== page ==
Constitutional experts were busy during President Morsi’s first year in power, amid the consecutive crises between the presidency and the judiciary. Experts often voiced their opinions in press conferences, trying to explain the repercussions of this tense relationship.
“According to the constitution, President Morsi is the interlocutor between authorities. Nobody should interfere in between judicial, legislative, and executive authorities except for the president,” said Mokhtar Al-Ashry, head of the legal committee of the Freedom and Justice Party.
Al-Ashry added that throughout last year, Morsi met with The Supreme Judicial Council and representatives of the judicial authority; he promised them they would help draft a judiciary law that would be approved by all the judges.
“Whoever thinks there is any personal dispute, between the president and members of the judicial authority, is mistaken,” Al-Ashry said, adding that some judges were eliminated for political activity which runs counter to their judiciary role.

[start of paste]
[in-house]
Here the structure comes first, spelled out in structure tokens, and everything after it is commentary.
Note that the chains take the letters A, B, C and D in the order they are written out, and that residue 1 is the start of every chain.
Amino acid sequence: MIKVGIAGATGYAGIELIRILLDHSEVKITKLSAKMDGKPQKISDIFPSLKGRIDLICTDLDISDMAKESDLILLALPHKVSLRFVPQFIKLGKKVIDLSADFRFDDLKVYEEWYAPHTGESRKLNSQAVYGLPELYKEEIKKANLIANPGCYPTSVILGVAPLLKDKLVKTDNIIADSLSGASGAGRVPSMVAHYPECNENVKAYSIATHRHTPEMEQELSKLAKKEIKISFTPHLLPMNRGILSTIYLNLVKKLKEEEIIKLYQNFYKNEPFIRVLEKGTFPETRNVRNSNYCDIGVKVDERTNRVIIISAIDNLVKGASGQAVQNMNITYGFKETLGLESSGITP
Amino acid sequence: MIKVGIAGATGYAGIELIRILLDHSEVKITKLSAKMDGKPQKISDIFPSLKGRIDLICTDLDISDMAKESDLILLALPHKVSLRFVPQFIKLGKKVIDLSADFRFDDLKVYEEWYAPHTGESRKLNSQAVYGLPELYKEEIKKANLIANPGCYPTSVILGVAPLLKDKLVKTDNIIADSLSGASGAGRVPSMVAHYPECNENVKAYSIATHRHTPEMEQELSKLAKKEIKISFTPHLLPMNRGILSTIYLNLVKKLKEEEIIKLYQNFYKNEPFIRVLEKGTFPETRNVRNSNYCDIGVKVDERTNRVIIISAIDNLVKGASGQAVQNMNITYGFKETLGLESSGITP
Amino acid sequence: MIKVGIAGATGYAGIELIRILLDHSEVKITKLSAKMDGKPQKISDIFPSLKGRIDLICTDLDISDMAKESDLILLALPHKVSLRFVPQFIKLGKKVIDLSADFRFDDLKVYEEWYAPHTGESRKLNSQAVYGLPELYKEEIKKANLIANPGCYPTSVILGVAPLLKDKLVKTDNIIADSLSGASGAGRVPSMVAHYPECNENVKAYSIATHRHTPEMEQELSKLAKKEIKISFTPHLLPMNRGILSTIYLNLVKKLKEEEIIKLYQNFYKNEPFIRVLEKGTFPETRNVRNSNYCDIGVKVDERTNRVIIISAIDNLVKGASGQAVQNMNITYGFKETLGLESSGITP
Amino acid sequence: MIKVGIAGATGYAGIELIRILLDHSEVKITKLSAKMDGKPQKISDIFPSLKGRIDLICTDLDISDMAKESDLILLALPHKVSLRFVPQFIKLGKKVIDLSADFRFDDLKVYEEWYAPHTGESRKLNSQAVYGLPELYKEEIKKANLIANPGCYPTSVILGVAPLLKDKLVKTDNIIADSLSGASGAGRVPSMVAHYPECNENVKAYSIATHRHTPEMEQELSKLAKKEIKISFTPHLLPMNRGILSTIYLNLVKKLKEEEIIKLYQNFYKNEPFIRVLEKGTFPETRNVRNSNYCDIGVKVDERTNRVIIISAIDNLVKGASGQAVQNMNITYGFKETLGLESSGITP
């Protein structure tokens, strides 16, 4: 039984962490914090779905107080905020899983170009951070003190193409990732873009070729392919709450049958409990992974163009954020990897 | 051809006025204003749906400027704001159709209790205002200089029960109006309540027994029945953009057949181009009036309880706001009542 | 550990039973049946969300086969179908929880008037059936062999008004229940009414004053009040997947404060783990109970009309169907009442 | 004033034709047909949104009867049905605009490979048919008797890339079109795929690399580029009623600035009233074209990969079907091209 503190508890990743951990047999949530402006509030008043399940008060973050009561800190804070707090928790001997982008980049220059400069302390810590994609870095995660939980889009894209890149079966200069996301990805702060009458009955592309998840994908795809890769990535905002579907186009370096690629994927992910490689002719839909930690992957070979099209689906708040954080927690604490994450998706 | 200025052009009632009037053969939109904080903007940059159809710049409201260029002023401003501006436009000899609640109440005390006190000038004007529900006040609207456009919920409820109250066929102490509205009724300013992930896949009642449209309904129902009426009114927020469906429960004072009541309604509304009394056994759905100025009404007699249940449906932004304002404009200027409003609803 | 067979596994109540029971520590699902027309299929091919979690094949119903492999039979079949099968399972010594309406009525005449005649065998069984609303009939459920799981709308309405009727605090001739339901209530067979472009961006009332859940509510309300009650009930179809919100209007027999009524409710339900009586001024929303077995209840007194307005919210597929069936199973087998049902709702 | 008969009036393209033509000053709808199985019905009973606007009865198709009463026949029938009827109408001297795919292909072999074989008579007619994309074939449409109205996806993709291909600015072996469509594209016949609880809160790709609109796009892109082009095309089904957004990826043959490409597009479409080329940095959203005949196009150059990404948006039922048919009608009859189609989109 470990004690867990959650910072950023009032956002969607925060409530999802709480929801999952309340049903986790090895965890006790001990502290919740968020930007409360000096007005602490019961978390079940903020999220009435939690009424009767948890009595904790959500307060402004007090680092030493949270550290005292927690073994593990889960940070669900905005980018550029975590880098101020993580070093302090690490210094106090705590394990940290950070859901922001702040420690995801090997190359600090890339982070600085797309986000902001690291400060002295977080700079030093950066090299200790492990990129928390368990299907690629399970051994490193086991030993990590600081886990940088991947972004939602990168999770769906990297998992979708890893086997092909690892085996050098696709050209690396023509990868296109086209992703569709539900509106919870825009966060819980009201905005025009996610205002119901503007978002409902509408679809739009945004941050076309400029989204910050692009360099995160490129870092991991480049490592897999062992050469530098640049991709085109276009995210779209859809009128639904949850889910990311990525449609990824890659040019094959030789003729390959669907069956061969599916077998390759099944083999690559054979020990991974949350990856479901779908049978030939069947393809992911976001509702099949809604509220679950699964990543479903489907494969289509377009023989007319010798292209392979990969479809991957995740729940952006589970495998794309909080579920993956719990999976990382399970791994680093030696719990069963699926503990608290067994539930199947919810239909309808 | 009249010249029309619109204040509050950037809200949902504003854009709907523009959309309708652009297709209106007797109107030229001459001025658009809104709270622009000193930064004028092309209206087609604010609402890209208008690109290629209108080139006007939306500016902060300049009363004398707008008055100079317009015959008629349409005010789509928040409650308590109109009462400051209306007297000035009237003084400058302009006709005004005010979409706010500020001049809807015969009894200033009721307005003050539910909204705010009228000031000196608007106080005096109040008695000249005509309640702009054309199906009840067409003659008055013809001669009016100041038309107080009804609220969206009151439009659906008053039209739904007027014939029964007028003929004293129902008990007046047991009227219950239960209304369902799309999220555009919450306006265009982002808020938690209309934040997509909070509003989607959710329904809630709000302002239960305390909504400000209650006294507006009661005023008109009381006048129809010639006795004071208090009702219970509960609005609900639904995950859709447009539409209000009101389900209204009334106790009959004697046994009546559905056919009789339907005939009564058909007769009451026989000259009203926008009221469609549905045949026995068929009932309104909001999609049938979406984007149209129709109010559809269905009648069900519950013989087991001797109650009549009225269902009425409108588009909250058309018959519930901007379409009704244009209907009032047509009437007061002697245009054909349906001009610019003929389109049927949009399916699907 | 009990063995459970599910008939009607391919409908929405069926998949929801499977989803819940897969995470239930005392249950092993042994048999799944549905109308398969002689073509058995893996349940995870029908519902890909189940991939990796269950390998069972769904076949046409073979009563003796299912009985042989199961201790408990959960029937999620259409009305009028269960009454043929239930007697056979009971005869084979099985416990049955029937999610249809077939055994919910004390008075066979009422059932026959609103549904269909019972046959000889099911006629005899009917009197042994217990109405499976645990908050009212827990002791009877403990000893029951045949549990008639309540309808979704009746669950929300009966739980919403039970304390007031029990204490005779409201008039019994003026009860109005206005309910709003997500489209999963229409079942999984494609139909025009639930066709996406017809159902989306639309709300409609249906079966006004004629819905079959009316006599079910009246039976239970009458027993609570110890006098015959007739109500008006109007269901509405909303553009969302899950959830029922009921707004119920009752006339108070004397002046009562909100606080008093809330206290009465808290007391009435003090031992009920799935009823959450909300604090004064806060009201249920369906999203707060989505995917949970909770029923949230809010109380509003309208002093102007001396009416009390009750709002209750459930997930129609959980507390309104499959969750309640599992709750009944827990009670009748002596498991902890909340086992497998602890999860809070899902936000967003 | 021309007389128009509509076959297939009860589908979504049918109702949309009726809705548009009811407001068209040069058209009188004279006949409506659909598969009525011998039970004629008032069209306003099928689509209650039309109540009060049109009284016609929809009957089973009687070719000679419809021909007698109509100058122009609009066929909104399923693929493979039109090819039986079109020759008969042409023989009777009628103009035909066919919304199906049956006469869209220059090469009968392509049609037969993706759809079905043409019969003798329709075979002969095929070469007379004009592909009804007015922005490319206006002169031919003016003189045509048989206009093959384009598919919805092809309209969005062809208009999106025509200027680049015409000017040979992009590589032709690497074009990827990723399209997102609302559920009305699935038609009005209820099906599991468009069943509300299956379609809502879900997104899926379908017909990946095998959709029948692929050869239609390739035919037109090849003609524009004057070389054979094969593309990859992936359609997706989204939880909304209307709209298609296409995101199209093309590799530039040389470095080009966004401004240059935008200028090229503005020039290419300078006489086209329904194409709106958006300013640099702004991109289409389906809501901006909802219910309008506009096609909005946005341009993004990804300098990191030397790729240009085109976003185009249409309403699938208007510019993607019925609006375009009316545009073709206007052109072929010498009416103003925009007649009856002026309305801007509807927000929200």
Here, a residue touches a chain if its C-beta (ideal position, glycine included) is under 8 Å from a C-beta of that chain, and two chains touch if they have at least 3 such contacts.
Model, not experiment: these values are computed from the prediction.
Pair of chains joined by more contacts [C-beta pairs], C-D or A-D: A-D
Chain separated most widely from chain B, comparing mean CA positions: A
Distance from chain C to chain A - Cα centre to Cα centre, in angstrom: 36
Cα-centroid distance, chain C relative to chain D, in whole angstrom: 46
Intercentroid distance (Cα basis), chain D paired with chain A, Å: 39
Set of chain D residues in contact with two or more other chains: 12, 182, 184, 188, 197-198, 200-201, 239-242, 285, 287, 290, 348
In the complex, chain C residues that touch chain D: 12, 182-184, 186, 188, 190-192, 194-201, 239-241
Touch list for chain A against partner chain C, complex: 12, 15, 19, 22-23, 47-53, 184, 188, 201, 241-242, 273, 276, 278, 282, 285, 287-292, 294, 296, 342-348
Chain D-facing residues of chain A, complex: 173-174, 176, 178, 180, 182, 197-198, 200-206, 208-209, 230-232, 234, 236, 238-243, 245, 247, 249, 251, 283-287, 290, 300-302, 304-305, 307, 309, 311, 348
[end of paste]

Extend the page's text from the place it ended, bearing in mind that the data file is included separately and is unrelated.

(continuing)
He emphasised that there can be no dispute between a state authority and the patron of the state represented by the president.
Constitutional expert Raafat Fouda disagreed. He described the relationship between Morsi and the judiciary as “dark and gloomy”.
“Morsi didn’t prove that he respected judicial verdicts, on the contrary, he eliminated judges and campaigned against them,” said Fouda.
“Through the last year the presidency played the role of the Court of Cassation, criticising verdicts and undermining the judiciary, although he is the head of the executive authority governed by the law,” he said.
Fouda added that the president committed grave violations against the judicial authority by issuing his constitutional declarations, appointing a prosecutor general through unconstitutional procedures, immunising the Shura Council and the Constituent Assembly and challenging court verdicts.